The only exception to this, might be when it’s very costly/time consuming to look, and there is absolutely no ethical obligation of have a peek.

It’s frustrating not to be able to get to a more solid position, but sometimes you just have to recognise there is more value in admitting something is grey than attempting to declare it black and white.

As for The War of Art, you should still get the book – it’s great. But when you’re folding washing, maybe you should just concentrate on what you’re doing. I know I should.

Let me know in the comments which side of the fence you come down on with respect to having a peek.

Shipping, fear & the resistance

I gorged on some Seth Godin videos over the weekend. Hey, you can judge me, but you gotta do something while you fold the washing for a family of five.

I was aware of Seth, but not particularly familiar with his work. His name would pop up, associated with an idea which sounded challenging, but intriguing, and I would dutifully note it down in under a category of things best described as “I probably should, but never will, look into this further.” It’s a big category full of vague, knotty items like “learn more about affiliate marketing, explore Dostoyevsky & find out why men your age like Taylor Swift”.

Anyhow, he has lots of interesting ideas which do sound worth exploring, one of which is this notion of “shipping”.

It’s a product term relating to the act of actually getting your product to customers, but in a broader context could be analogous to “completing”. When you ship something, you’re putting a version of it out into the world with your name on it. People will (may) see it, and when they do, they’ll know that you’re responsible for it.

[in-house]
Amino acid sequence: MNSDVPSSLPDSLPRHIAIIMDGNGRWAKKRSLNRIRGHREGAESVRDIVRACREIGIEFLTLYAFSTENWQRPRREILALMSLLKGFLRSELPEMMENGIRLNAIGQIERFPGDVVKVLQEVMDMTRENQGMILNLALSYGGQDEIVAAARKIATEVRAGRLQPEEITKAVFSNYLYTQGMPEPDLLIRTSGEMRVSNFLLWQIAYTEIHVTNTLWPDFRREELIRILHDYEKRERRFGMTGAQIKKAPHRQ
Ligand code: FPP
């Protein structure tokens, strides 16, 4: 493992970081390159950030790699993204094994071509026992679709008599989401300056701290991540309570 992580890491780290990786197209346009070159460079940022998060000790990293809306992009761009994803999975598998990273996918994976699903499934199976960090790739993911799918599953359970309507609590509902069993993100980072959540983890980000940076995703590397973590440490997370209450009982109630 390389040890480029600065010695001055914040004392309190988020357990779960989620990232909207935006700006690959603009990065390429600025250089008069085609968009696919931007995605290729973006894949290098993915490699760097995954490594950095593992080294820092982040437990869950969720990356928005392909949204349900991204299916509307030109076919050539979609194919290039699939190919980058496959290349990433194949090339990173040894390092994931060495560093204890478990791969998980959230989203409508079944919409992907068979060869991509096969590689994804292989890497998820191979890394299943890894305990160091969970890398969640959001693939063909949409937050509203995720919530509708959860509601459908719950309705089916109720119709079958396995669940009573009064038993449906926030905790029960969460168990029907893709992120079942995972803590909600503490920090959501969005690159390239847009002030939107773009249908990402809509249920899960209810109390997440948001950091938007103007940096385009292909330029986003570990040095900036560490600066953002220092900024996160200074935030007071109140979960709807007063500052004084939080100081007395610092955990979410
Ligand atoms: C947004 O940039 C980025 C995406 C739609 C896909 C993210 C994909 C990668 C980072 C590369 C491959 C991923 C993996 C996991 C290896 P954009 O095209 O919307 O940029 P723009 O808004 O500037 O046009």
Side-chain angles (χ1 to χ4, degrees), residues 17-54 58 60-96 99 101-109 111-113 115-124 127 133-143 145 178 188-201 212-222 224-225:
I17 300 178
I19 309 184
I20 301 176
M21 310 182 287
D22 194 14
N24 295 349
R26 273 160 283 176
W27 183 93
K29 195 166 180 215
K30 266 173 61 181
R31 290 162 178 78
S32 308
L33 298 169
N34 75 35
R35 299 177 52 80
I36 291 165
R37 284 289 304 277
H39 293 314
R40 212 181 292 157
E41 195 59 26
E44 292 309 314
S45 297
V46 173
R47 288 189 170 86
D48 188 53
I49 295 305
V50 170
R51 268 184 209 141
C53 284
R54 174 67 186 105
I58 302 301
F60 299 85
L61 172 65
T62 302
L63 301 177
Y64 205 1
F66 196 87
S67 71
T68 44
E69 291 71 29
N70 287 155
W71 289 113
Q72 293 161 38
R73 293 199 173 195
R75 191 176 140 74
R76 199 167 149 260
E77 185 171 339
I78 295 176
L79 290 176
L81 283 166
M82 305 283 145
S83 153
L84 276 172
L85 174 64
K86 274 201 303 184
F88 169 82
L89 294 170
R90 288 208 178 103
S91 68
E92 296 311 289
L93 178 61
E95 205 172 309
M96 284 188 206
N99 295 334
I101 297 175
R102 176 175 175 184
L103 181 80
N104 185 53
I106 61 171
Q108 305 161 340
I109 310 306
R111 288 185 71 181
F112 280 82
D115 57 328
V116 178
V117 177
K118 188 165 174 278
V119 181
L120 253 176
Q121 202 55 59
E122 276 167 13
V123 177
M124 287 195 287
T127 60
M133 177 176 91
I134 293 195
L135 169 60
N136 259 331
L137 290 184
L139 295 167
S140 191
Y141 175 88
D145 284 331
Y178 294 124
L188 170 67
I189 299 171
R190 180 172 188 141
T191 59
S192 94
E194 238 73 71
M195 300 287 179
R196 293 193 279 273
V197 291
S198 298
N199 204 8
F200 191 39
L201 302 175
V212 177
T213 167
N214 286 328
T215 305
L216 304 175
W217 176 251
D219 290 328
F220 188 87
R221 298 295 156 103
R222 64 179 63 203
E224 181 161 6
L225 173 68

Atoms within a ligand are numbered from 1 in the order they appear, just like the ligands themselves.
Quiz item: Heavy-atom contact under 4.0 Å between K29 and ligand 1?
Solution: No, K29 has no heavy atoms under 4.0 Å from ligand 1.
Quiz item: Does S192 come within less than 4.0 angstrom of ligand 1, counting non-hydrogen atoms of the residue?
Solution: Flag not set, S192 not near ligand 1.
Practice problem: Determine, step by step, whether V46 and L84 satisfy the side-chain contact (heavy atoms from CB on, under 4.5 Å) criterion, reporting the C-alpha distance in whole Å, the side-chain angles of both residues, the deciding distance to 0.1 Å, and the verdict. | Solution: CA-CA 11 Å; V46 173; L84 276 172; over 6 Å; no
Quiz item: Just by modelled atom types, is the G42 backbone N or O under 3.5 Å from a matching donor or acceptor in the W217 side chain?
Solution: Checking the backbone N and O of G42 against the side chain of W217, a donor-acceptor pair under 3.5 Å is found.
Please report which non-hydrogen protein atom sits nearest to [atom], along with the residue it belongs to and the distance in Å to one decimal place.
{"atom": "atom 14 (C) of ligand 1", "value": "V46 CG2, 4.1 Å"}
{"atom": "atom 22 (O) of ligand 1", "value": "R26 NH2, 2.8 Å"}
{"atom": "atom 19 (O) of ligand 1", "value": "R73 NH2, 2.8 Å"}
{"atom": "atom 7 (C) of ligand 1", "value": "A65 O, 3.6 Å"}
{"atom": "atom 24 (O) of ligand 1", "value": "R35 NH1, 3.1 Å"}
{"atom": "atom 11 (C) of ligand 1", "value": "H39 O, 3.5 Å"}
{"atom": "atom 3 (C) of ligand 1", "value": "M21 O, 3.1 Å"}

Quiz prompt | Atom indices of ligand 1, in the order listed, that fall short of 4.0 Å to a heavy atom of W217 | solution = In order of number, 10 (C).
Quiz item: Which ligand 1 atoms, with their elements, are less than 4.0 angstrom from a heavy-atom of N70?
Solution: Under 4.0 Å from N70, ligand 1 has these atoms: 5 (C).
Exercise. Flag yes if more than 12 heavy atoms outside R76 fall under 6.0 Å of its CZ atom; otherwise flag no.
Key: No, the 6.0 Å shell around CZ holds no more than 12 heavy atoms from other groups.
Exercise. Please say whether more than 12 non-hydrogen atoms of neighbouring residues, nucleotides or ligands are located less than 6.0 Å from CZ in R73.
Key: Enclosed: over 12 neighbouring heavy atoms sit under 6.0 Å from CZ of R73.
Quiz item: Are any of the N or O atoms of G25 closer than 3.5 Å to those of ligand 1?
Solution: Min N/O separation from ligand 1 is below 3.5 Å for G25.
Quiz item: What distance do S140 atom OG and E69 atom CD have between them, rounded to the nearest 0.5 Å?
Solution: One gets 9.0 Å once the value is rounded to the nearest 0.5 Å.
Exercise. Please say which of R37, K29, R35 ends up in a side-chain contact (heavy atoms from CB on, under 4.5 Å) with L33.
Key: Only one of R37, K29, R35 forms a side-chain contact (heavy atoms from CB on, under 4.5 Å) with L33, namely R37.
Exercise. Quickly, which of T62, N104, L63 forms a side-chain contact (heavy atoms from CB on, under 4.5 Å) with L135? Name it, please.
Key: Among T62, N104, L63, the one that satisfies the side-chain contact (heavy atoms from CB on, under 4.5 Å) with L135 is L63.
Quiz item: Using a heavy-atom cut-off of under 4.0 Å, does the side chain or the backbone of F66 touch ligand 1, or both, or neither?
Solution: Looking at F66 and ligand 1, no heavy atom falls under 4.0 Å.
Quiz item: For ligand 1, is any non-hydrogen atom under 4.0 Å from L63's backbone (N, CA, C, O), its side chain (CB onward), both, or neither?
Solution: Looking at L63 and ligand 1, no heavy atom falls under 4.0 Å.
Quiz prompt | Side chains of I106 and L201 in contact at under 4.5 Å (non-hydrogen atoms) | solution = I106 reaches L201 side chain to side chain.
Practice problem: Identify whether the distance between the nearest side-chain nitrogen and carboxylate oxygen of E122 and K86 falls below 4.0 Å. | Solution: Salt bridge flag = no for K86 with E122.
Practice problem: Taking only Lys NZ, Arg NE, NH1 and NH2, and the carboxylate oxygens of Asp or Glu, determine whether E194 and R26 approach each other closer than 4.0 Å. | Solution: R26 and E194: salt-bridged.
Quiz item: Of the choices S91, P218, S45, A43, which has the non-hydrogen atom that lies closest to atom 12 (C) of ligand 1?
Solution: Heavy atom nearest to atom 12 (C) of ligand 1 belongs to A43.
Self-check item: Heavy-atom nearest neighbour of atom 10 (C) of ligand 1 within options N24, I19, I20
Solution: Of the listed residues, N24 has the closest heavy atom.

OK, so while this is Mickey Mouse stuff (do stuff, then put it out there), the interesting thing is this gulf between having an idea, and shipping it. Lots of people have ideas, but very few people ship. Everyone has a great idea for a product, a movie, a book – but very few people become product designers, directors or authors.

Why is it that we all have these ideas, but that most of them die as scribbles in Moleskin notebooks and not out in the real world?

Godin contends that it’s because people assume that coming up with ideas is the work, but that the actual work is shipping. Ideas are a penny a pound, but commitment to ship is rare.

He suggests that partly what makes shipping so difficult is the social fear of failure generated by our brains in our Amygdala (or Lizard Brain).

Our Amygdala is one of the most primitive blocks of our brain and is hardwired to respond to some of our most primary needs and mechanisms. Memory modulation, aggression and the utility of fear as a motivator, all fall under it’s purview. While the Amygdala’s response to fear was originally primarily to physical threats which tended to be short-lived (either the leopard ate you or you got away), it is now capable of triggering the same response in the presence of more chronic, social pressures such as email, public speaking and anything else which can make you look stupid in front of other people.

Since “shipping” a product or idea into a public space has the capacity to make you look publicly silly, the Amygdala will create a fear response to the notion of shipping. This fear can become one of the primary barriers to bridging the gulf between having an idea and shipping it. Godin calls these barriers, The Resistance, a term which was coined by Stephen Pressfield.

The real challenge, according to Godin, is how to manage this fear so that you can move beyond it to just ship.

Shipping is where the exposure to criticism will come, but it’s also where all the value is found.

There’s a lot more in this, and I haven’t done enough work to have an opinion on most of it – but I thought it was worth capturing for a start.

Here are links to:
Seth Godin’s site
Seth’s talk on shipping and fear
Stephen Pressfield’s site